But a painful crisis also can be a catalyst for innovation as publishers focus on potential areas for growth during the inevitable recovery.
Content marketing is one area for improvement, especially since many advertisers fret their content-marketing strategies are wasteful and lack focus, according to a study published this week by The CMO Council, a network of marketing executives, and content marketing platform Rock Content.
Its survey of almost 200 marketing professionals found that 43% say their content is inconsistent, while only 31% would rate it as high quality. They are also looking for more concrete information about what kinds of content resonates with their customers and prospects.
The report includes anecdotes from executives at The Economist and Fast Company, whose marketing content supports their brands among constituencies that include readers, advertisers and media buyers. The goal is to create engaging marketing content and do as much as possible to measure its effectiveness.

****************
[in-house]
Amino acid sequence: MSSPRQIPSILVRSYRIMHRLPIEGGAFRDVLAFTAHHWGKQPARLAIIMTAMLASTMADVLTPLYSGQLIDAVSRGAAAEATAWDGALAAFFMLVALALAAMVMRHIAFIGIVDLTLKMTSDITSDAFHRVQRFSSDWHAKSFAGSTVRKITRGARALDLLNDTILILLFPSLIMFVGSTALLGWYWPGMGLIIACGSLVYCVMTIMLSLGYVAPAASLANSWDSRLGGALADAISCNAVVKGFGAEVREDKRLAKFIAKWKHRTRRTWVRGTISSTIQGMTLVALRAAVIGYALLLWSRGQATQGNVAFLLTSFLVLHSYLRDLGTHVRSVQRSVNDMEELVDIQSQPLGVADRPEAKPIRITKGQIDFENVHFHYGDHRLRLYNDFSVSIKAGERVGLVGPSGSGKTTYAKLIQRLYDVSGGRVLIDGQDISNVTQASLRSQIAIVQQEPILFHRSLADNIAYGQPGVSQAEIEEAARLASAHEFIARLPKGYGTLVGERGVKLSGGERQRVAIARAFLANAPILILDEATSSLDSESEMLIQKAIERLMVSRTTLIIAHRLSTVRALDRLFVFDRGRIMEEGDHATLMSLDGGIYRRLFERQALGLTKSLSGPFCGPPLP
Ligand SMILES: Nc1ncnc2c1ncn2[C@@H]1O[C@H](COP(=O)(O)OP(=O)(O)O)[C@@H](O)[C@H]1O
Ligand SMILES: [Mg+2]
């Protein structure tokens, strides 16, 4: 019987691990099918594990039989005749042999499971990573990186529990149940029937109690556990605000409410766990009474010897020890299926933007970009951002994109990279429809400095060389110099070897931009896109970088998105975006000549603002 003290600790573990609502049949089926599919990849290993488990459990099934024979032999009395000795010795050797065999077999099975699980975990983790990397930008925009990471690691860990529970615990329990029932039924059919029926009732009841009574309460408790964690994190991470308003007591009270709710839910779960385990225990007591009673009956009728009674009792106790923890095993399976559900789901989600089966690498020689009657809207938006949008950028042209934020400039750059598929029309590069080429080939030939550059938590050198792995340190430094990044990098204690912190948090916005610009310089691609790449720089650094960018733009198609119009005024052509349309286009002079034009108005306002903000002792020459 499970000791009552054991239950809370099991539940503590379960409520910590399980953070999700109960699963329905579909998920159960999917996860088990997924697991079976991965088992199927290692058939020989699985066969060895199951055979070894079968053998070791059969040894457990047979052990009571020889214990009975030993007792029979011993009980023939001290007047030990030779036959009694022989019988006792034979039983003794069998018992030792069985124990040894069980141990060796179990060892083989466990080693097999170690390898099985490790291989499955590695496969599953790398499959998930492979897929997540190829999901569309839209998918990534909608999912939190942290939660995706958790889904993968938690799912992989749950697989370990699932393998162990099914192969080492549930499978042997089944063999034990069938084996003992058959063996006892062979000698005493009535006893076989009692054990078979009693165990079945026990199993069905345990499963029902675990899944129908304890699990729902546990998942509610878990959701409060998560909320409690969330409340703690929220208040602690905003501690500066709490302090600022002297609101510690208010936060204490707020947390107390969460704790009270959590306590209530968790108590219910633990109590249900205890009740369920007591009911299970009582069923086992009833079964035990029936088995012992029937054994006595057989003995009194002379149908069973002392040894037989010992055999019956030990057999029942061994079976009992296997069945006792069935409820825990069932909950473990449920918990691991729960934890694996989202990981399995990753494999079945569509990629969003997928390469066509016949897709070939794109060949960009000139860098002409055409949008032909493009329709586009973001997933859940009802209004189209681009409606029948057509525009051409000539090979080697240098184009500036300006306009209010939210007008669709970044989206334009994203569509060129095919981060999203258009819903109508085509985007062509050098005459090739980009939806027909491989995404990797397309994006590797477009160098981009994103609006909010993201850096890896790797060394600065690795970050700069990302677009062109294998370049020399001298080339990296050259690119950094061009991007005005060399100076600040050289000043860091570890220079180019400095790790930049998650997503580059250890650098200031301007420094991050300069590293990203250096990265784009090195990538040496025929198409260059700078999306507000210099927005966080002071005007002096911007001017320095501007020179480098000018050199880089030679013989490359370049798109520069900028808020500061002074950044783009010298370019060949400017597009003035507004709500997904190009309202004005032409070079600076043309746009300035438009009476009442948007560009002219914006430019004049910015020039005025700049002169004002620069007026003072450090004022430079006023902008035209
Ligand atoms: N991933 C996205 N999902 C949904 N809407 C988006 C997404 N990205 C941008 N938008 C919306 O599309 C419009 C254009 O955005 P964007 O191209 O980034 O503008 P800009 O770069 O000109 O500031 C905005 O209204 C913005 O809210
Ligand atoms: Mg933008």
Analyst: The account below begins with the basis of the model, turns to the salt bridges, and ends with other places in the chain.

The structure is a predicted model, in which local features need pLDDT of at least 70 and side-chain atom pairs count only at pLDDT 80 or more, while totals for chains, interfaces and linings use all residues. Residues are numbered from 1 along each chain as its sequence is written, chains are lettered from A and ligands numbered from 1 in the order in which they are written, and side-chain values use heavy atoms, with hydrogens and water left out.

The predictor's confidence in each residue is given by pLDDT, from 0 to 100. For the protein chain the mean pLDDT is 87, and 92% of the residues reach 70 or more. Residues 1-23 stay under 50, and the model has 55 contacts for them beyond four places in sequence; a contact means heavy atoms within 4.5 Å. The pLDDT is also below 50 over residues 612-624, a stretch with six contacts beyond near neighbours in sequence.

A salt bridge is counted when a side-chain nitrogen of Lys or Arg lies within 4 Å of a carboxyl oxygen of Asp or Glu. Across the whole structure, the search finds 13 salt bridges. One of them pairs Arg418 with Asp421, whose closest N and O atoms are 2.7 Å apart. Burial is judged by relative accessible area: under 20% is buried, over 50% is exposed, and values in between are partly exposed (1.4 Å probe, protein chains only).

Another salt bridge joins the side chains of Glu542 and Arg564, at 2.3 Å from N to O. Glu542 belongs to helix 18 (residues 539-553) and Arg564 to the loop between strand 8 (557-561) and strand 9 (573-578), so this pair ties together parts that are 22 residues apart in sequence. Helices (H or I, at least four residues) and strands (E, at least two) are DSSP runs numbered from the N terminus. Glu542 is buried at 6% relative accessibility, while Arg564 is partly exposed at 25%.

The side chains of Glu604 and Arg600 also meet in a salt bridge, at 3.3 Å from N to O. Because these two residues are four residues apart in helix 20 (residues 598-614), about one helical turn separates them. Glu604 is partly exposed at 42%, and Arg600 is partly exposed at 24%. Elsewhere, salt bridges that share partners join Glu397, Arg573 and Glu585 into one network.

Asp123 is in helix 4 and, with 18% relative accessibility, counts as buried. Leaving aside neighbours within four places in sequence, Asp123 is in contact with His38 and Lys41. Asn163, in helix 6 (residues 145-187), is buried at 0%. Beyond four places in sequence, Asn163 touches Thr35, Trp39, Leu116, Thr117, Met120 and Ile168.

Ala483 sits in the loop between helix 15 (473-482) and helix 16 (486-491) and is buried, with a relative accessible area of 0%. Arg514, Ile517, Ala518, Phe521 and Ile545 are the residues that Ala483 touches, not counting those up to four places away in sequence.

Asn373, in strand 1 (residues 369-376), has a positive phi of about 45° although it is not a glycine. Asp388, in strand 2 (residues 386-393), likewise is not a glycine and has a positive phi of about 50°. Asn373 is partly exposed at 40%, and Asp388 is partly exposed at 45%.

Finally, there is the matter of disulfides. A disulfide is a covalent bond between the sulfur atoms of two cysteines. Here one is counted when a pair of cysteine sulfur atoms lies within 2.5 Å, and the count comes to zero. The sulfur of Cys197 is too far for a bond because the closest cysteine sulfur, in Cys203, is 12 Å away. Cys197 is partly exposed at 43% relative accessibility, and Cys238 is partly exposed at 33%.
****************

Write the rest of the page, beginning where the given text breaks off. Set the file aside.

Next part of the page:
The Economist, for example, tracks PR coverage, overall awareness, content views, cost per leads for paid LinkedIn posts, social-media engagement and website traffic, according to the report. In addition, it's important for marketers to avoid a scattershot approach, such as with programmatic ad buys that have wide distribution but little effect.
“You can be the CEO during the day, but at home you’re a dad," Jamie Credland, senior vice president, client strategy and marketing at The Economist, said in the report. "When you’re with your buddies, you’re a football fan. We’re different people at different times of the day, and so different messages are appropriate.”
For Fast Company, its editorial goals of providing interesting, entertaining and engaging content for readers also inform its branded-content strategy.
"Our audience expects stories to be told,” Ben Baer, executive editor at Fast Company, said in the report. “It’s about sharing thought leadership, not just selling something.”